How to Make a Good Graph
Remember that the x-axis goes across and the y-axis goes up and down.
[MHS Chem page][MHS
AP Chem page]
- Every graph should have a title ("Mass and Age of Pennies").
- Every graph should have an MLA heading (include your partner's name, class,
- Some graphs may need a key (to explain colors or symbols).
- The graph should fill the available space. If you make a graph with a computer,
you can copy & paste it into your final report, and size it to fit your
- If you make a graph by hand it should always be on graph paper.
- The axes should each be titled AND labeled to match the data table ("mass
of pennies, grams").
- The range of each axis may be different. They should each be large
enough to cover the needed range without lots of extra space. They do not
need to start at zero.
- The scale of each axis may be different, but each one must be
consistent. If one box represents one year at the beginning of the graph,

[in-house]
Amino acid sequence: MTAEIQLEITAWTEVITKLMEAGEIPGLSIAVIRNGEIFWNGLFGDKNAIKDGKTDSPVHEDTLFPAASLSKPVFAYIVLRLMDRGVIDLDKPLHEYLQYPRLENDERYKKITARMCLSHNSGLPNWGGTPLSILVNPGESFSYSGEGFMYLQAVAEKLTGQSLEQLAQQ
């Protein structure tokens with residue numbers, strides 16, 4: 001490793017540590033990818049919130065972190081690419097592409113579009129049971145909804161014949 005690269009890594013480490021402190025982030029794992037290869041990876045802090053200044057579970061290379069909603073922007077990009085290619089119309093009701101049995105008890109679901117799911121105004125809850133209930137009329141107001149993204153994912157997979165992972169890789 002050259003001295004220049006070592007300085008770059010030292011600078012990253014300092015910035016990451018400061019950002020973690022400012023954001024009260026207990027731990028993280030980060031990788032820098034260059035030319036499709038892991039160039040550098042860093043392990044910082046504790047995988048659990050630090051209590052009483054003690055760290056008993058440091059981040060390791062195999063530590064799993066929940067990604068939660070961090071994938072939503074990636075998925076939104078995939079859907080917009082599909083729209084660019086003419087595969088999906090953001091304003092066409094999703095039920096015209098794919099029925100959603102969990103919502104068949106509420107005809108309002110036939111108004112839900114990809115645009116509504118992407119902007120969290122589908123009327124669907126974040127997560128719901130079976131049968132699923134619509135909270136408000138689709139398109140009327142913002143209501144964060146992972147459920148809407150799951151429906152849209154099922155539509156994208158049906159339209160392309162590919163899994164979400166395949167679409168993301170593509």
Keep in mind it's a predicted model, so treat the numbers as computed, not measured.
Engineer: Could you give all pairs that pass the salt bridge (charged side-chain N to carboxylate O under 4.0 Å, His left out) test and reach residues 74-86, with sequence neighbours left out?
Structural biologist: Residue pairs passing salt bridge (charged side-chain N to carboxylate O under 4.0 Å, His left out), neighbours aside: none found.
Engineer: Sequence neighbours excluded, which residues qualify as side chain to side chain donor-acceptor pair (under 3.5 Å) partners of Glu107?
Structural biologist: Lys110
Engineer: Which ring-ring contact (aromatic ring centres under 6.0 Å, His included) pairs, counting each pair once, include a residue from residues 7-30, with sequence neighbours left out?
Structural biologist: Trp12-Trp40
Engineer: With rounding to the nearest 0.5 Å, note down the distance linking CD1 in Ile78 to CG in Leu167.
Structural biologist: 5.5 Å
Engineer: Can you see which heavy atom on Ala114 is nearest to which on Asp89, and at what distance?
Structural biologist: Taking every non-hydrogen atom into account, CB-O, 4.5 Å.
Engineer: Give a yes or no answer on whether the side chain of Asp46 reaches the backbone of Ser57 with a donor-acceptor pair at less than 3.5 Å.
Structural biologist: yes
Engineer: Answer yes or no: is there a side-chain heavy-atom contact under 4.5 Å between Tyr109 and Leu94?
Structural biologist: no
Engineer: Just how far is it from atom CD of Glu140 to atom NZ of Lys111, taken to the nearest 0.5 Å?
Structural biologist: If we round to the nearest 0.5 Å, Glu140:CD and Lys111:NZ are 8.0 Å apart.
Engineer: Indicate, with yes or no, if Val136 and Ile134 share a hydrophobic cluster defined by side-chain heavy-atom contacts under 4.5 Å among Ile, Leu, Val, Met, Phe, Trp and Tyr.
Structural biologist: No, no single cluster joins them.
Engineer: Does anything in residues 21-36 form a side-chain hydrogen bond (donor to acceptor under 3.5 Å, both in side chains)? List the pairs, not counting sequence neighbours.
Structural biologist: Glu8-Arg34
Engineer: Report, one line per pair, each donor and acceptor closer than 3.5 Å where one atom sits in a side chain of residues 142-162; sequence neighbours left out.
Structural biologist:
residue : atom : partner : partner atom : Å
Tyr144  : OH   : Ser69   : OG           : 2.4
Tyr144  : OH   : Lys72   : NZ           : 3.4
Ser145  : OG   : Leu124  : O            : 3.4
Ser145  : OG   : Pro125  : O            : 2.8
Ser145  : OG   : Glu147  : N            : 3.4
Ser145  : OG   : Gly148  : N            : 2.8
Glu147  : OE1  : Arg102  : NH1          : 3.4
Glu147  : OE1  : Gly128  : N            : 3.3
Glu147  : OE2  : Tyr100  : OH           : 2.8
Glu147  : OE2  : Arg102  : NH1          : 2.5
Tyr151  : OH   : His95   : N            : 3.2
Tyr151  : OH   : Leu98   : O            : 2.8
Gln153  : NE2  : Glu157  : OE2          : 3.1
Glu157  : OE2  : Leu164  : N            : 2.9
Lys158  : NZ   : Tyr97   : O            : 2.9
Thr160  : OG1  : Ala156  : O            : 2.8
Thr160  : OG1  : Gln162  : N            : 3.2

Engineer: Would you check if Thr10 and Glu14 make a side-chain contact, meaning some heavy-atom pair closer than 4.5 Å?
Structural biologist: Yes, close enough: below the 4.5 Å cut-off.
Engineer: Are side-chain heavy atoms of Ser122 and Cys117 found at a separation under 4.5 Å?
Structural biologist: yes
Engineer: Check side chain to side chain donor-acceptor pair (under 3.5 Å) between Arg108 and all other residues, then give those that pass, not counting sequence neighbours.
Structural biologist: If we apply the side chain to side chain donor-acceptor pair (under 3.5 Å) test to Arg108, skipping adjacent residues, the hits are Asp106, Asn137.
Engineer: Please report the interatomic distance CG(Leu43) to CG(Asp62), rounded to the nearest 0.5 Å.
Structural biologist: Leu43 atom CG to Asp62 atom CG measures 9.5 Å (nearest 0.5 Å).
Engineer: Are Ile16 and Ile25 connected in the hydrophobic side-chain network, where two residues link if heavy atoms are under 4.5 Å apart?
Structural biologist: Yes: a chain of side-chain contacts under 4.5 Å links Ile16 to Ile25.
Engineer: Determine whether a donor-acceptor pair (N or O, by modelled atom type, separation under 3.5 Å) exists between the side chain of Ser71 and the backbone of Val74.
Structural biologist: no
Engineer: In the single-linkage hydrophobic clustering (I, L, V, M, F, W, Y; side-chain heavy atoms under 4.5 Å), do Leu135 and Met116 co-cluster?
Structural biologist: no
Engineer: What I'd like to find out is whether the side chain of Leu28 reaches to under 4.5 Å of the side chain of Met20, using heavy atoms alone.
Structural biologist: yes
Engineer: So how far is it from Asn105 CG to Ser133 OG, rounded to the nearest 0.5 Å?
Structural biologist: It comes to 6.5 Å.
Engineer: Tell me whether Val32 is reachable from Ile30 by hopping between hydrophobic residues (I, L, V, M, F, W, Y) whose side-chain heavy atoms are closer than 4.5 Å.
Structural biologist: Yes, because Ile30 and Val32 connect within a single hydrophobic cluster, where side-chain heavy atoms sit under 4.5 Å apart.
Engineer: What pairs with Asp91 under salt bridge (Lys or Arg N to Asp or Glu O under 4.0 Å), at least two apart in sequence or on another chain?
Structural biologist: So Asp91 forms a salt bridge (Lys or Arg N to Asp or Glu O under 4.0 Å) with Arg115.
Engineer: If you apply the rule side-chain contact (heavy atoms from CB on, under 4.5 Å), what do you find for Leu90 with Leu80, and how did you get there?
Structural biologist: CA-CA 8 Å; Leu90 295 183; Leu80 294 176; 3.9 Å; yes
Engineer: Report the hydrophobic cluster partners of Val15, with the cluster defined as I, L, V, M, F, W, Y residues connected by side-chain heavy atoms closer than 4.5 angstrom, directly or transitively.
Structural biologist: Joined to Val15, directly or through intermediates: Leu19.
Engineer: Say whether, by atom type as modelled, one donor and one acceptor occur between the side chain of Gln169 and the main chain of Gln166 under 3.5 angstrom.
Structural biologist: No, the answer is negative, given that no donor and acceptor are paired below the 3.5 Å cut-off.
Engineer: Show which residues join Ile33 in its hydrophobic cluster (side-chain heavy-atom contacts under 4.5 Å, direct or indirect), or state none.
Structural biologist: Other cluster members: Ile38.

one box always represents one year.
- The axes should be numbered to the same number of decimal places as the
data was recorded. You don't need to number every box - usually every five
or ten boxes will be adequate.
- The independant variable always goes on the x-axis. If time is one of the
measurements being graphed, it always goes on the x-axis.
- Error bars may be used to indicate uncertainty in a measurement. The proper
use depends on the graph and will be discussed as necessary.
- Sometimes a line connecting points is OK. When this is true, it is often
best to draw the best smooth curve that goes near the data points. Look for
general patterns rather than details.
- If any calculations are done using points from a graph, the points used
should be indicated (a small arrow labeled "calculation 1" should be adequate).
- The less ink you use, the easier it is to read. Try it!